Rental bill for prefab schools adds up to €24m a year
THE children of commuters are stuck in costly rented prefab schools in satellite towns where massive population explosions occurred, new figures obtained by the Irish Independent reveal.
Towns outside of Dublin have some of the highest number of rented prefabs, which come with an annual bill of €24m, despite today's cheaper construction costs.
In Kildare, there are 116 prefabs with rental bills of €1.6m, while Meath has 125, at €1.9m.
The bill for schools in Co Louth, the smallest county in the country, has risen from €1.18m to €1.37m in line with the number of prefabs increasing from 78 to 91.
This comes at a time when the Construction Industry Federation (CIF) estimates it can build a permanent classroom for €125,000.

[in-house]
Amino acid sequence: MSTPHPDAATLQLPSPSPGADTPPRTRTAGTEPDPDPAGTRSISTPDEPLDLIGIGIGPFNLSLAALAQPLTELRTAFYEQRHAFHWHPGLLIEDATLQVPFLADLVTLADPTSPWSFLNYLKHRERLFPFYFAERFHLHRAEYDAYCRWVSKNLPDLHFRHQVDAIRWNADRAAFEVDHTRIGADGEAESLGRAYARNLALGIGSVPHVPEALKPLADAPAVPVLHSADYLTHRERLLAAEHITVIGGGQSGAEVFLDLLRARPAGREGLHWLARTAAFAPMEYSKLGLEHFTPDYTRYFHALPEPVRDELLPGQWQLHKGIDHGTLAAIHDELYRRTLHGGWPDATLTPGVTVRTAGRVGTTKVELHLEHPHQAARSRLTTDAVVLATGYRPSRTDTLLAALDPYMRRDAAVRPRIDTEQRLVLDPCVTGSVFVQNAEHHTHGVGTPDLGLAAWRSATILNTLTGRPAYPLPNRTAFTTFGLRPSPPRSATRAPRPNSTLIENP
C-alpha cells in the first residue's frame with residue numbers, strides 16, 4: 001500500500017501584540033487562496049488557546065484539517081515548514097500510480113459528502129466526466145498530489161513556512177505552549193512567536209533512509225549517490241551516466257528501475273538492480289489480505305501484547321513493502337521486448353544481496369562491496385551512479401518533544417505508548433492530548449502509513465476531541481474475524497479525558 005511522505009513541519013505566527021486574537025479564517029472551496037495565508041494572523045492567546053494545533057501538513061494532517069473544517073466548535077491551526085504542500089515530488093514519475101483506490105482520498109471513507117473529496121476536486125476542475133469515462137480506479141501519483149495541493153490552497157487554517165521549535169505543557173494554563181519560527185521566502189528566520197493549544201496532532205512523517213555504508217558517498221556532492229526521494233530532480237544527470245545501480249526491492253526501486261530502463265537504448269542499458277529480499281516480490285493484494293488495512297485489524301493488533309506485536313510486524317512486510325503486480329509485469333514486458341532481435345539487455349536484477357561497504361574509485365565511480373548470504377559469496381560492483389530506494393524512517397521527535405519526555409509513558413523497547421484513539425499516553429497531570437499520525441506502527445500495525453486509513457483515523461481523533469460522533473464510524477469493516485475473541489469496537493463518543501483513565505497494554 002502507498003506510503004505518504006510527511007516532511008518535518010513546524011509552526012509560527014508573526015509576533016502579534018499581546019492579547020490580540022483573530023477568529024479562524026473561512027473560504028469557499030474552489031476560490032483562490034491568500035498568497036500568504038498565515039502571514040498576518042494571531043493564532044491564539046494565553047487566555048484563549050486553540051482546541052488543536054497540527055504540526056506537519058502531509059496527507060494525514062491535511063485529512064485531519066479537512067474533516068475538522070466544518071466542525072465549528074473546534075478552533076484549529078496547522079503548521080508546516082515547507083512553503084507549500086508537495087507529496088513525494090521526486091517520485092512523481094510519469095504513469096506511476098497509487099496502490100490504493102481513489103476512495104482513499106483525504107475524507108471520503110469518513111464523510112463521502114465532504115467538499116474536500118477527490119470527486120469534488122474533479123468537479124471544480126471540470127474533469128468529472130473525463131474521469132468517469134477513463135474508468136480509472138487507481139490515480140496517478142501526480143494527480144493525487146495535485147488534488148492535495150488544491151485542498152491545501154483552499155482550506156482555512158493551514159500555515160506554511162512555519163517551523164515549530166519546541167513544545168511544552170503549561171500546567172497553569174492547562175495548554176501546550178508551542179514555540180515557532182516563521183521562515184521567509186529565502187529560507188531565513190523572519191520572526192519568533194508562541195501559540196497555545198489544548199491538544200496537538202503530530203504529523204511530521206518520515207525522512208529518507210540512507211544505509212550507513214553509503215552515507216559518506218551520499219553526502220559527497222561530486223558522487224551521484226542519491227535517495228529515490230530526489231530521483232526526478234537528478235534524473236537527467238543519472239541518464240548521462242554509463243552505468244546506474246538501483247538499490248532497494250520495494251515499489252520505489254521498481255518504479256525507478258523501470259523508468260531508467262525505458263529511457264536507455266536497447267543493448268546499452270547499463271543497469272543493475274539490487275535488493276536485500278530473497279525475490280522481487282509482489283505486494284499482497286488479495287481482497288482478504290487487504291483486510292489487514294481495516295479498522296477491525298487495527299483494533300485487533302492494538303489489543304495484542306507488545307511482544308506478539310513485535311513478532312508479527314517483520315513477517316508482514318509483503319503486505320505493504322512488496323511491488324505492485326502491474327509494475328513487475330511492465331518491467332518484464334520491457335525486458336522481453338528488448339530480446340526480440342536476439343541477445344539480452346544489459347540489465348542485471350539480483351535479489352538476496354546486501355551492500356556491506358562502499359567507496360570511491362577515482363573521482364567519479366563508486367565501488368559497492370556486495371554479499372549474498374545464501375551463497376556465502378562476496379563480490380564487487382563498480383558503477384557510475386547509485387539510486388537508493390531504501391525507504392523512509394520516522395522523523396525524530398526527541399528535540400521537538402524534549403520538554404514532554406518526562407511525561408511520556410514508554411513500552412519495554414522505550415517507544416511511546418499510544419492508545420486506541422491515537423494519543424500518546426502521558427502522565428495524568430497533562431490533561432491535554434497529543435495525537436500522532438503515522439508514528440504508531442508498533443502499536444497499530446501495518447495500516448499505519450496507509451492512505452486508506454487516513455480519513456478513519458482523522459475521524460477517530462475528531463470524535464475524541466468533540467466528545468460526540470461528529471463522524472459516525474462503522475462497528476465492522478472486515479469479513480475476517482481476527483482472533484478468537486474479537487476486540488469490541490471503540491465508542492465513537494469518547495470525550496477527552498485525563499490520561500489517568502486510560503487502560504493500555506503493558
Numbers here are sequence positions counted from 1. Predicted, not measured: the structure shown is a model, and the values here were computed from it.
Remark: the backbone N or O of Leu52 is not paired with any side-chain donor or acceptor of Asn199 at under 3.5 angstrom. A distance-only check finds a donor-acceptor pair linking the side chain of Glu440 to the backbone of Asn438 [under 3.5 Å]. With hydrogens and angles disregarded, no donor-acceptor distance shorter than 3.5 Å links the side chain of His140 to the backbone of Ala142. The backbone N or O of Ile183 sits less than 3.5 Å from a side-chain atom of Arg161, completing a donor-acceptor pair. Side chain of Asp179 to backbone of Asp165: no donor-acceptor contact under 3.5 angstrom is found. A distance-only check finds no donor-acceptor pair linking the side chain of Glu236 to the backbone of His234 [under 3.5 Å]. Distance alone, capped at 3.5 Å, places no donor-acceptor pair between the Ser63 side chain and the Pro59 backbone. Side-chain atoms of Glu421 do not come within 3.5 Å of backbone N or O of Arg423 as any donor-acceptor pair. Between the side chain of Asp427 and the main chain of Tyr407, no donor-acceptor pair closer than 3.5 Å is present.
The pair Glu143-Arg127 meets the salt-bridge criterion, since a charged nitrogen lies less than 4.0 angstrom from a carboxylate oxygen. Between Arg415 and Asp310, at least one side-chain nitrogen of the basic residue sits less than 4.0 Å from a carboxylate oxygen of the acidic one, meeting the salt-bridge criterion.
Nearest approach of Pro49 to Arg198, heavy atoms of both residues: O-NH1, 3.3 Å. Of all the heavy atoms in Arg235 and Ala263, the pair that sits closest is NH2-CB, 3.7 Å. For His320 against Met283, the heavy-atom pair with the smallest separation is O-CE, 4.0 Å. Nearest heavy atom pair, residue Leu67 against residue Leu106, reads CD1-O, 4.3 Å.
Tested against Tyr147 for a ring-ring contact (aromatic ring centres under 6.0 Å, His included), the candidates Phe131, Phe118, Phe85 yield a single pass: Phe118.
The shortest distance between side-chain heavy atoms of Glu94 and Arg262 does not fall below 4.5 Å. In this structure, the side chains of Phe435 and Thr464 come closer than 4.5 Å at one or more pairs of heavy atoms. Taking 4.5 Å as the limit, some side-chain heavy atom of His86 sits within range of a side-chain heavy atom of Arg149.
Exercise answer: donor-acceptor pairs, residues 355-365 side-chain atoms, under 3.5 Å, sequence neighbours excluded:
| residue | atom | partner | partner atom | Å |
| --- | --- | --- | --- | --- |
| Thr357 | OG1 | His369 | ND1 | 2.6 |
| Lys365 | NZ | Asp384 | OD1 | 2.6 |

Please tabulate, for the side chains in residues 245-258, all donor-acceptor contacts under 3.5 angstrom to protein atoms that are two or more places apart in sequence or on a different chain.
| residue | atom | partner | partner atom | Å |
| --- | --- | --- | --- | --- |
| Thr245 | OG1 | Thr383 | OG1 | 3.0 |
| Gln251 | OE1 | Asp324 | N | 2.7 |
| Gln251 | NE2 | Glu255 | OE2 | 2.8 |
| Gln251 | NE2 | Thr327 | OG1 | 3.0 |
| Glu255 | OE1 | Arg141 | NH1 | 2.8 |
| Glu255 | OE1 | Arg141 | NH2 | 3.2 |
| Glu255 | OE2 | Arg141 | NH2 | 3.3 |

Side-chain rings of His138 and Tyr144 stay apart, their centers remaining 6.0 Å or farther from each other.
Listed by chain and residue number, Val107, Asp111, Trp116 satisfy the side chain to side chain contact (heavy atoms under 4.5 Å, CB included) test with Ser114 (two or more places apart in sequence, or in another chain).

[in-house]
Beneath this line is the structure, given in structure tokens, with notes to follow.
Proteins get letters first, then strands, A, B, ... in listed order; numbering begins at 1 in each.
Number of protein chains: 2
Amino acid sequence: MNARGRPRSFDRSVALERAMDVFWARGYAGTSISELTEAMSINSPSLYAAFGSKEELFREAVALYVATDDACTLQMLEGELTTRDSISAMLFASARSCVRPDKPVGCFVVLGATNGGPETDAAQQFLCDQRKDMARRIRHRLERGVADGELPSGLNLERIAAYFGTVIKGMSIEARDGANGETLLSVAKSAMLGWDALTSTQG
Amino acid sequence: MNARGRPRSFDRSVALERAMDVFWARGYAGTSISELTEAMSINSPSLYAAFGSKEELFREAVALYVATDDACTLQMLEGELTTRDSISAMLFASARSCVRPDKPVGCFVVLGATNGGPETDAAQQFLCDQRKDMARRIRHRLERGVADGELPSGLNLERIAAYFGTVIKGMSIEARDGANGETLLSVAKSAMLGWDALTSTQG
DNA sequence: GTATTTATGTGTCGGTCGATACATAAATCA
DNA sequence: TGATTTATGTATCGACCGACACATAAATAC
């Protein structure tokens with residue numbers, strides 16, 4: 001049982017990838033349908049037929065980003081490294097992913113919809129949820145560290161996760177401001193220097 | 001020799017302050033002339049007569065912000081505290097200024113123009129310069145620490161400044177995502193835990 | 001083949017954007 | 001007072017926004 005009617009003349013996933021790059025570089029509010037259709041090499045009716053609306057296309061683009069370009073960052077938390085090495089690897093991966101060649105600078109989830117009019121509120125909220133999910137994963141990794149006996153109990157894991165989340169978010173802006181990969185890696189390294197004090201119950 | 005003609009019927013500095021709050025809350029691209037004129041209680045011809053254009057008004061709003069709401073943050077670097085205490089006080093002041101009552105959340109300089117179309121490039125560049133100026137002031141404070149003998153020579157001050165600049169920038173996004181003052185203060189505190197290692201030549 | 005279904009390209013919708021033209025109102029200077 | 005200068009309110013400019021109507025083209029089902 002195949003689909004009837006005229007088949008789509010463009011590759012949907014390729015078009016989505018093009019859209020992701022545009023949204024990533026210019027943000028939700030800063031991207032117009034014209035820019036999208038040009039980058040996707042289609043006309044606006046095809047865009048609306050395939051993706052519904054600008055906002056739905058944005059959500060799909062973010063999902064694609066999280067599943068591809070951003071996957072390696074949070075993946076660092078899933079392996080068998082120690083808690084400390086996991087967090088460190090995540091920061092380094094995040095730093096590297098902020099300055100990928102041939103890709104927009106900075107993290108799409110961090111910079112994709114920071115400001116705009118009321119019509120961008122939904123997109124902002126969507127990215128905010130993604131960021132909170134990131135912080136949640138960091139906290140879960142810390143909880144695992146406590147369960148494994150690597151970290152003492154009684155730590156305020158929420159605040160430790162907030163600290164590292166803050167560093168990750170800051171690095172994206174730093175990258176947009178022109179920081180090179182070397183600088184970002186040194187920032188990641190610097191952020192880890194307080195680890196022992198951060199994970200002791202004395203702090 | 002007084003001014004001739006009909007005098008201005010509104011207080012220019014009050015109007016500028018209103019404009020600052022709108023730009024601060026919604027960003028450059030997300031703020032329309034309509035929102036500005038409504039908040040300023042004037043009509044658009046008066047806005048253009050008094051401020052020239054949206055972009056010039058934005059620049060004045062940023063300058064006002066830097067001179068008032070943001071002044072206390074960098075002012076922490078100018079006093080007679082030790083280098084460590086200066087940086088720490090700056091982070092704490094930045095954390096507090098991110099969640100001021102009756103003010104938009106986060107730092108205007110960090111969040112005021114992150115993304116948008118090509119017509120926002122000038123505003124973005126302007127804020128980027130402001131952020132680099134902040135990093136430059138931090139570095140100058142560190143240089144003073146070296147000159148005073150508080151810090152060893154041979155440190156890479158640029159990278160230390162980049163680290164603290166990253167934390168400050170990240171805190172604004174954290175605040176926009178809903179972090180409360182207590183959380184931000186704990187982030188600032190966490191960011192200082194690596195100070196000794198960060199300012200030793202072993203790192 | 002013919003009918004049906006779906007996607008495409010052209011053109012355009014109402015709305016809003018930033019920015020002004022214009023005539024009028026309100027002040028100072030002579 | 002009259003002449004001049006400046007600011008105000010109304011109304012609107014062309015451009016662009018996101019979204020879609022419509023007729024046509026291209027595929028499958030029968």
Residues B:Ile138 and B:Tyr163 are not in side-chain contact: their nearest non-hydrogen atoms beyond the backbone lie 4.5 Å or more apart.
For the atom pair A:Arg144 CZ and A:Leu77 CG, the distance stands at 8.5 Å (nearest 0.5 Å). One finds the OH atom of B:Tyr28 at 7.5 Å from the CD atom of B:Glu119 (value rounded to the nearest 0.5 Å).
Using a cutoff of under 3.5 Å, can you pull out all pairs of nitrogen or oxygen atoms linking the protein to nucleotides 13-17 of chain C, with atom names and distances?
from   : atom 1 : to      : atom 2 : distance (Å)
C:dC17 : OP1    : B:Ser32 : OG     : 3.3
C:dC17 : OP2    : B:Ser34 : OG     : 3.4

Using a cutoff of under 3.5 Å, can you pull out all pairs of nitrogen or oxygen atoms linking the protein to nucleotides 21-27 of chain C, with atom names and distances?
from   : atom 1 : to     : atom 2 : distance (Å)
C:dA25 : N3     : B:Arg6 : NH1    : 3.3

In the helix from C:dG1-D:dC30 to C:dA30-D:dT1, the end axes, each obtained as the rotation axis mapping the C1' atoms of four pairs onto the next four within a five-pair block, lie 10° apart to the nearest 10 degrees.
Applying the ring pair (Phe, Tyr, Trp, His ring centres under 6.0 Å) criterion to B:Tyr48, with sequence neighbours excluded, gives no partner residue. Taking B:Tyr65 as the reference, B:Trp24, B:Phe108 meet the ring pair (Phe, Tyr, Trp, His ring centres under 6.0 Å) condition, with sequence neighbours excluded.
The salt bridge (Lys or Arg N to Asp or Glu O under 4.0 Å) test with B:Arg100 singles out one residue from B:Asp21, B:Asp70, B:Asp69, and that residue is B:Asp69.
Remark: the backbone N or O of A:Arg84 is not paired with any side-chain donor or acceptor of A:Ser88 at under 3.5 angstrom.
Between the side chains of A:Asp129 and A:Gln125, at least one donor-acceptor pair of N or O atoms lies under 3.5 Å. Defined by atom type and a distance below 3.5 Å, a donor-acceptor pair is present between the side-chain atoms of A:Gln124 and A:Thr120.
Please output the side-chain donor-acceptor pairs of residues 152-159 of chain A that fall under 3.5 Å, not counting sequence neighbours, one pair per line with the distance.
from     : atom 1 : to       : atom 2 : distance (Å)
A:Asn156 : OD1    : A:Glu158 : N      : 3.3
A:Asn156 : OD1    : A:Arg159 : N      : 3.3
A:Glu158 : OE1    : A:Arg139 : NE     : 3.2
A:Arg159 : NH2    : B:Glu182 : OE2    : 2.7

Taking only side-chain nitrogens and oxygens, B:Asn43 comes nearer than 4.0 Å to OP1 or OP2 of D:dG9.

In contrast, a prefab has been costing as much as €106,258 to purchase or around €14,000 per year to rent.
But the Department of Education insists it has managed to slash the bill for renting prefabs from a staggering €53m in 2008 to €24m this year. Compared to 2008, when 266 new prefabs were rented, only 23 new rental contracts were signed in 2010.
But the department is still a long way off replacing rented prefabs with purchased prefabs or new school buildings.
Fine Gael TD Brian Hayes last night claimed every euro spent on a prefab is a "wasted investment opportunity" for getting people back to work and building long-term classrooms.
"This has become a cash cow for about 20 suppliers who are effectively landlords for temporary primary and secondary accommodation," he said.